Play Like a Girl
Chelsea Byers, an Arizona native, lived in Philadelphia in 2010 and attended nearly every Eagles home game – that fall changed her life, vocabulary, and Sunday plans forever. She has been in fantasy football leagues for 5 seasons since that fall and has endured many ups and downs throughout this career (which is just a nice way of saying that she hasn’t won a championship but she also hasn’t ever lost so you can fuck off). As an outspoken feminist, Chelsea aims to build a fantasy squad free of women and children abusers and she wishes the NFL would do the same.
—— I am a woman, playing alongside 11 men in a fantasy football league, which in itself is a male-dominated industry. At times, I’ve felt like an alien on an unfamiliar planet, seen for all the wrong reasons. It’s immediately assumed I am here because my boyfriend is here (which he is) or that I play because my boyfriend likes me to play (which he does). My motives and reasons for being involved aren’t often seen as my own decision. And because men who like fantasy football typically appreciate women who like fantasy football, owning my involvement as something for me and not for anyone else is something that has taken work.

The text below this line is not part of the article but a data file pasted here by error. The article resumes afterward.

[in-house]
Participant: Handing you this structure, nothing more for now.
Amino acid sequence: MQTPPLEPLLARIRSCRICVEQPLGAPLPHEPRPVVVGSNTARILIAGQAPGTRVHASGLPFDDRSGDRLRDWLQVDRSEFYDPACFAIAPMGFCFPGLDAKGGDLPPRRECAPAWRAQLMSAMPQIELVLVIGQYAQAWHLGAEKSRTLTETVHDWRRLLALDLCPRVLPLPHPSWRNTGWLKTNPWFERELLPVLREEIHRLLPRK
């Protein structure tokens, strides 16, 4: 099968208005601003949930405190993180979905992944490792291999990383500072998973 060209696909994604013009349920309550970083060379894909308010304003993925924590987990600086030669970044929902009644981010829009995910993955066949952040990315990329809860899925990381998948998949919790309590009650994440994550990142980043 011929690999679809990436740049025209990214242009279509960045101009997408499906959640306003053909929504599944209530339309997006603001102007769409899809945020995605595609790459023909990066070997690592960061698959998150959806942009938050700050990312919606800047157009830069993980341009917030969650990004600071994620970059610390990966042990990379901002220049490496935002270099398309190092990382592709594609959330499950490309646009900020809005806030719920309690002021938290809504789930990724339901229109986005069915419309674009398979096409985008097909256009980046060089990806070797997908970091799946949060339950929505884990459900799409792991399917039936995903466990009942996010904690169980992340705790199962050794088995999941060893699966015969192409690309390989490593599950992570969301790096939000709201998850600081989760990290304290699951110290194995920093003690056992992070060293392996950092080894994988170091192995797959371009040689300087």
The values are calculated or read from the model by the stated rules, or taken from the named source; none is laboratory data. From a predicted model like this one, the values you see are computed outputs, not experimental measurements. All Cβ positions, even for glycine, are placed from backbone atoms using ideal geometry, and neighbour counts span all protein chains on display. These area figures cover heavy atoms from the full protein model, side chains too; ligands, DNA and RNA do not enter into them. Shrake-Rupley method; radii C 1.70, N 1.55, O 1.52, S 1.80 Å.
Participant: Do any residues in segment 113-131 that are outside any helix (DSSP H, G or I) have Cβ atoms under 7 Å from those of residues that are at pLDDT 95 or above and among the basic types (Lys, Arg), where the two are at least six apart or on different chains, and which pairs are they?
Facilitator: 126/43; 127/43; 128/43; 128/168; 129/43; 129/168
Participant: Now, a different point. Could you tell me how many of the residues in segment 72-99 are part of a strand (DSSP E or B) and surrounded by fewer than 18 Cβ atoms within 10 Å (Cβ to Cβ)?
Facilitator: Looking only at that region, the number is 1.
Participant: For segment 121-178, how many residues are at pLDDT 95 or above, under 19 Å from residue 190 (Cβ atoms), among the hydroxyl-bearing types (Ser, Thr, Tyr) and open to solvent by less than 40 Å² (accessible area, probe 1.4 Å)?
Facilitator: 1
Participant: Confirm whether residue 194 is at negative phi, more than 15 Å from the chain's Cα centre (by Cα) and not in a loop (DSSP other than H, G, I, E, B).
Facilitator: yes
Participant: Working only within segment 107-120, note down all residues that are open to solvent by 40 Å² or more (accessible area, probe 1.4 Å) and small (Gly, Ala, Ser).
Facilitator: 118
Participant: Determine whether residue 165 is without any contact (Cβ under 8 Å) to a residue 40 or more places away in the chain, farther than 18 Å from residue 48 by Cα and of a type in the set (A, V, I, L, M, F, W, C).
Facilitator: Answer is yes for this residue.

But that’s starting to change because the field is starting to change – and we all stand to benefit from it. The number of women playing fantasy football is on the rise, accounting for nearly 20% of league participation across multiple platforms. The NFL has experienced a growing level of female-viewership and we’ve seen their tactics shift to capture a large market share. Make no mistake: this is not a trend. This is what it looks like when women insist they have a right to take up space. In the NFL, in fantasy football, and in all corners of the world – women want their share. When it comes to fantasy football, I am thrilled to help women get theirs.
This is why I am helping The Fantasy Whisperers launch a female-only listener’s league. I think creating a space within fantasy football, specifically for women, will be an incredible opportunity to welcome first-time fantasy players into a space that is built with their experience in mind. And by using this as a listener’s league, TFW will be able to discuss league activity on the podcast, thus further normalizing women’s participation in the game.